Markets paying close attention to ESG in agricultural industry
With an increased emphasis on environmental, social, and governance (ESG) principles growing across all industries, driven by demands from internal and external stakeholders, as well as the desire to compete for top talent in a competitive market, companies are recognizing they must start making ESG initiatives a top priority.
In the agricultural industry, animal welfare is a central, developing ESG tenet to which investors are more closely paying attention – and, therefore, companies are starting to address. Recognizing animal welfare as a practical business matter and also an ethical focus for consumers, large food companies such as Tyson are highlighting animal welfare practices and its importance in the value supply chain.
Just last year, the Hapres Journal of Sustainability Research published an abstract on how new technology can be used to automatically monitor and improve animal welfare, which in turn can increase stakeholder confidence and the reputation of food companies. The article emphasizes how animal welfare is a commercial risk, strategic opportunity, and moral commitment, with implementing documentation of formal animal welfare policies and monitoring measurements providing a good place to start.
Access to capital is critical for the agricultural industry, and that access could be enhanced with an animal welfare focus. A 2015 Farm Animal Investment Risk & Return report, Considering Farm Animal Welfare in Investment Decision-Making, showed how “responsible investors are beginning to take into account (farm animal welfare) as part of mainstream investment practices.” It provides nine case studies demonstrating “how different types of investors from all over the world – including asset owners, investment managers and investment service providers – are meeting the challenge of integrating farm animal welfare factors into the investment process.”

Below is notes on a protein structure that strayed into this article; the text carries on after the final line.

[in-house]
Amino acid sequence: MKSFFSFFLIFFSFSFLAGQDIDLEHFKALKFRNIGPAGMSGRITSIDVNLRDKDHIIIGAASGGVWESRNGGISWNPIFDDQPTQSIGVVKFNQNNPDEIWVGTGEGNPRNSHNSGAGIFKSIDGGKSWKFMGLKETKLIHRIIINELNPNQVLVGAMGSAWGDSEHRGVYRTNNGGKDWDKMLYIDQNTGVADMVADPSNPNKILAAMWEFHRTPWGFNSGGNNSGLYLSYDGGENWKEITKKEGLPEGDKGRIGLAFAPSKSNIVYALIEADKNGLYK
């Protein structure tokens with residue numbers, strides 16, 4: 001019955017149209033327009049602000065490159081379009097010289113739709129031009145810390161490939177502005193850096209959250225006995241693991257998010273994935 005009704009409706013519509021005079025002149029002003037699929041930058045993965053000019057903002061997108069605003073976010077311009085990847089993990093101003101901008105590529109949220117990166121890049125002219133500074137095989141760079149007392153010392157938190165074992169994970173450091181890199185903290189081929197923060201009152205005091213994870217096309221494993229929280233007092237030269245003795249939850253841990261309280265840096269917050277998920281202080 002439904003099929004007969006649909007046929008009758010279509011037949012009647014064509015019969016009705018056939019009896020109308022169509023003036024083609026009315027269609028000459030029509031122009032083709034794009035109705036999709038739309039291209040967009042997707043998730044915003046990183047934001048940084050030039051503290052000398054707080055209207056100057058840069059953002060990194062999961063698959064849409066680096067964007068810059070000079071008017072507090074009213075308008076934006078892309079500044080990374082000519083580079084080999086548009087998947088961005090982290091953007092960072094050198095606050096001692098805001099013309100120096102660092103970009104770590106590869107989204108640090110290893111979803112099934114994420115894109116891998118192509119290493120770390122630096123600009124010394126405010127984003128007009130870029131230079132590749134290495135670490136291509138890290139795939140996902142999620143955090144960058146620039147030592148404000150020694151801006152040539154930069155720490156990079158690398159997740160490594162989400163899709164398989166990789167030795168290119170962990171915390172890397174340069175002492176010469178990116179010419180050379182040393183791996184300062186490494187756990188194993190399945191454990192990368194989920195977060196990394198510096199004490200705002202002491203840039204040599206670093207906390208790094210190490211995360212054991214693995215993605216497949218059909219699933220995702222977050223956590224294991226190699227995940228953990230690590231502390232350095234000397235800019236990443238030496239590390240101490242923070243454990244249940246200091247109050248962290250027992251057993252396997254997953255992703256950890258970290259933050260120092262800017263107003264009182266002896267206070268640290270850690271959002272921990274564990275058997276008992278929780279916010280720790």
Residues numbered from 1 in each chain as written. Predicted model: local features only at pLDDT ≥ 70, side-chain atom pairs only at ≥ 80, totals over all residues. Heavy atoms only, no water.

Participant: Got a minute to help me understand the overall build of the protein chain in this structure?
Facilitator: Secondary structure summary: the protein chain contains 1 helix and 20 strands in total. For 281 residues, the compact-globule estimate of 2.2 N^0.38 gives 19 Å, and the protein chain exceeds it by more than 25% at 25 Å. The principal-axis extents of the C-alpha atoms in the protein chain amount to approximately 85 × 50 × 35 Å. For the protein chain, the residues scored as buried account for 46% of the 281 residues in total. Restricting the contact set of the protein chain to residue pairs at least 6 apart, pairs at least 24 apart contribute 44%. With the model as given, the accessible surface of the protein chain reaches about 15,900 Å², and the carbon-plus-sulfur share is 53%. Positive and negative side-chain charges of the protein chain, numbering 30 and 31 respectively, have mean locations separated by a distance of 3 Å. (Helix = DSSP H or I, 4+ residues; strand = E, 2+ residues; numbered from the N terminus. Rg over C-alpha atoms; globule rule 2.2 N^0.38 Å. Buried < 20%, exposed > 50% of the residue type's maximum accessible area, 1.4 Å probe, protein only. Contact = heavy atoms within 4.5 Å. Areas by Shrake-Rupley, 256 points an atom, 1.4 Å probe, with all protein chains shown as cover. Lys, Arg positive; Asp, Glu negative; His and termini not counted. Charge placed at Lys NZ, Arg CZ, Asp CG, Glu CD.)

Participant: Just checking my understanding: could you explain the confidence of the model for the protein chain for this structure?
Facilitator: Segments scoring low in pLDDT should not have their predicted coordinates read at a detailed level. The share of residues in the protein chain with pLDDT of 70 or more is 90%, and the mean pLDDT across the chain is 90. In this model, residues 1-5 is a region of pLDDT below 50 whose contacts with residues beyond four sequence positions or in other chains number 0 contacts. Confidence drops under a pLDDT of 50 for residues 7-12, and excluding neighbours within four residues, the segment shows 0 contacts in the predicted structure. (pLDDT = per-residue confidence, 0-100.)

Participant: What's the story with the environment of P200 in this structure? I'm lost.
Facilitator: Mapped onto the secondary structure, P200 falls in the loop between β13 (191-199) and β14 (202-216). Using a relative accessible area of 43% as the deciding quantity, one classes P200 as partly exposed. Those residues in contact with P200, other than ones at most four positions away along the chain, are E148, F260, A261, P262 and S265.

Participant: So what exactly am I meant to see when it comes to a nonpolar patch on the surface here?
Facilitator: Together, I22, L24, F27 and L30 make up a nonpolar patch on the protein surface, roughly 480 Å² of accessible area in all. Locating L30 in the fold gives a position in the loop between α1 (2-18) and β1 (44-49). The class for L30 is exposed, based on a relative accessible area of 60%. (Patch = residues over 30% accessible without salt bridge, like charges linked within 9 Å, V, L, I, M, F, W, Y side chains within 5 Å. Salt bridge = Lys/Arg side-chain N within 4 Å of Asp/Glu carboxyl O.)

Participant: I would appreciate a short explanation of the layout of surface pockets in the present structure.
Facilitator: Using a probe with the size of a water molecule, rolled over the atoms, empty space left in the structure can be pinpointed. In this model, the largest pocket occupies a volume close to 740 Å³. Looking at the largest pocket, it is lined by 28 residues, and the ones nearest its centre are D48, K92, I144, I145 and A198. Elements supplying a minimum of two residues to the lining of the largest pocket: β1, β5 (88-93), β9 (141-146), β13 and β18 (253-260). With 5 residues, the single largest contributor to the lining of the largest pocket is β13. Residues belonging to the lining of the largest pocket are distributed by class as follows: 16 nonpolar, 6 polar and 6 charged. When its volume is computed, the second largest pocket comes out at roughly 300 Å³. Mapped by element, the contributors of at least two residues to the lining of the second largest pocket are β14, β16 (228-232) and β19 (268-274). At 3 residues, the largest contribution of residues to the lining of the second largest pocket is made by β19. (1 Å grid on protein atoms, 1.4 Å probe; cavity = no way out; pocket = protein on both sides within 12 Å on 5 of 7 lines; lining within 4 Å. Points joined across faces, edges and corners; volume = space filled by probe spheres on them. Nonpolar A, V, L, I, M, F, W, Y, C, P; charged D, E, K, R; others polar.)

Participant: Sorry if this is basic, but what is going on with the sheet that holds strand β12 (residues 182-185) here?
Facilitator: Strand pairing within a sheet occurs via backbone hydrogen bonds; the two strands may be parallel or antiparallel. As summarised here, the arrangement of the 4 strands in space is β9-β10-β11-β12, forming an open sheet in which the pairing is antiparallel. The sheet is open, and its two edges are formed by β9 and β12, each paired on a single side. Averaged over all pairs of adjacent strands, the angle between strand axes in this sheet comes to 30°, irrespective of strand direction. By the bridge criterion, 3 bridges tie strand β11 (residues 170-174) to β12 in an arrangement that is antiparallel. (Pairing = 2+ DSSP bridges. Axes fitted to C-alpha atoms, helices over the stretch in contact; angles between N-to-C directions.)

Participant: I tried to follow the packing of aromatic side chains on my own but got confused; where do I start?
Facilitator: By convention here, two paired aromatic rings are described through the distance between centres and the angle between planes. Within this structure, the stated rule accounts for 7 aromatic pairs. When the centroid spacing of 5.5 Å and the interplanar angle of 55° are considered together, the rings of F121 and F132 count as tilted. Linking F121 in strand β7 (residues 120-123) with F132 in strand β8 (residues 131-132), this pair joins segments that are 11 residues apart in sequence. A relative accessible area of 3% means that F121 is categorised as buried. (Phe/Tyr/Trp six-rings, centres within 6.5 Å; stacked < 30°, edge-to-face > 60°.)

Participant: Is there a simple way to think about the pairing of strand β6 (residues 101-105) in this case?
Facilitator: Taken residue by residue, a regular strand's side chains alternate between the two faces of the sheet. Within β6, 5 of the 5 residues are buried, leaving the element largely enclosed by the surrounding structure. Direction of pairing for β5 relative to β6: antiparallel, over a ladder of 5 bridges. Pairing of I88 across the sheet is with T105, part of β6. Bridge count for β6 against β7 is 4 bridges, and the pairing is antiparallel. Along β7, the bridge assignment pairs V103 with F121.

Recently I visited Cain Farms in Belmont County, Ohio. The Farm is a multi-generational family dairy farm started in the early 1950's. They started introducing robotics in January 2020 and are currently milking, feeding, and collecting the manure with robotic technology. Not only is the farm more efficient, it has also become more productive as the cows are milked and fed on their natural schedules instead of the farm’s schedule. I also learned that capital is readily available for this type of project that increases animal wellness along with farm productivity.
McDonald Hopkins is tracking these developments and has established an ESG practice area and is undertaking the task of enhancing the ESG profile of our clients in the food processing space.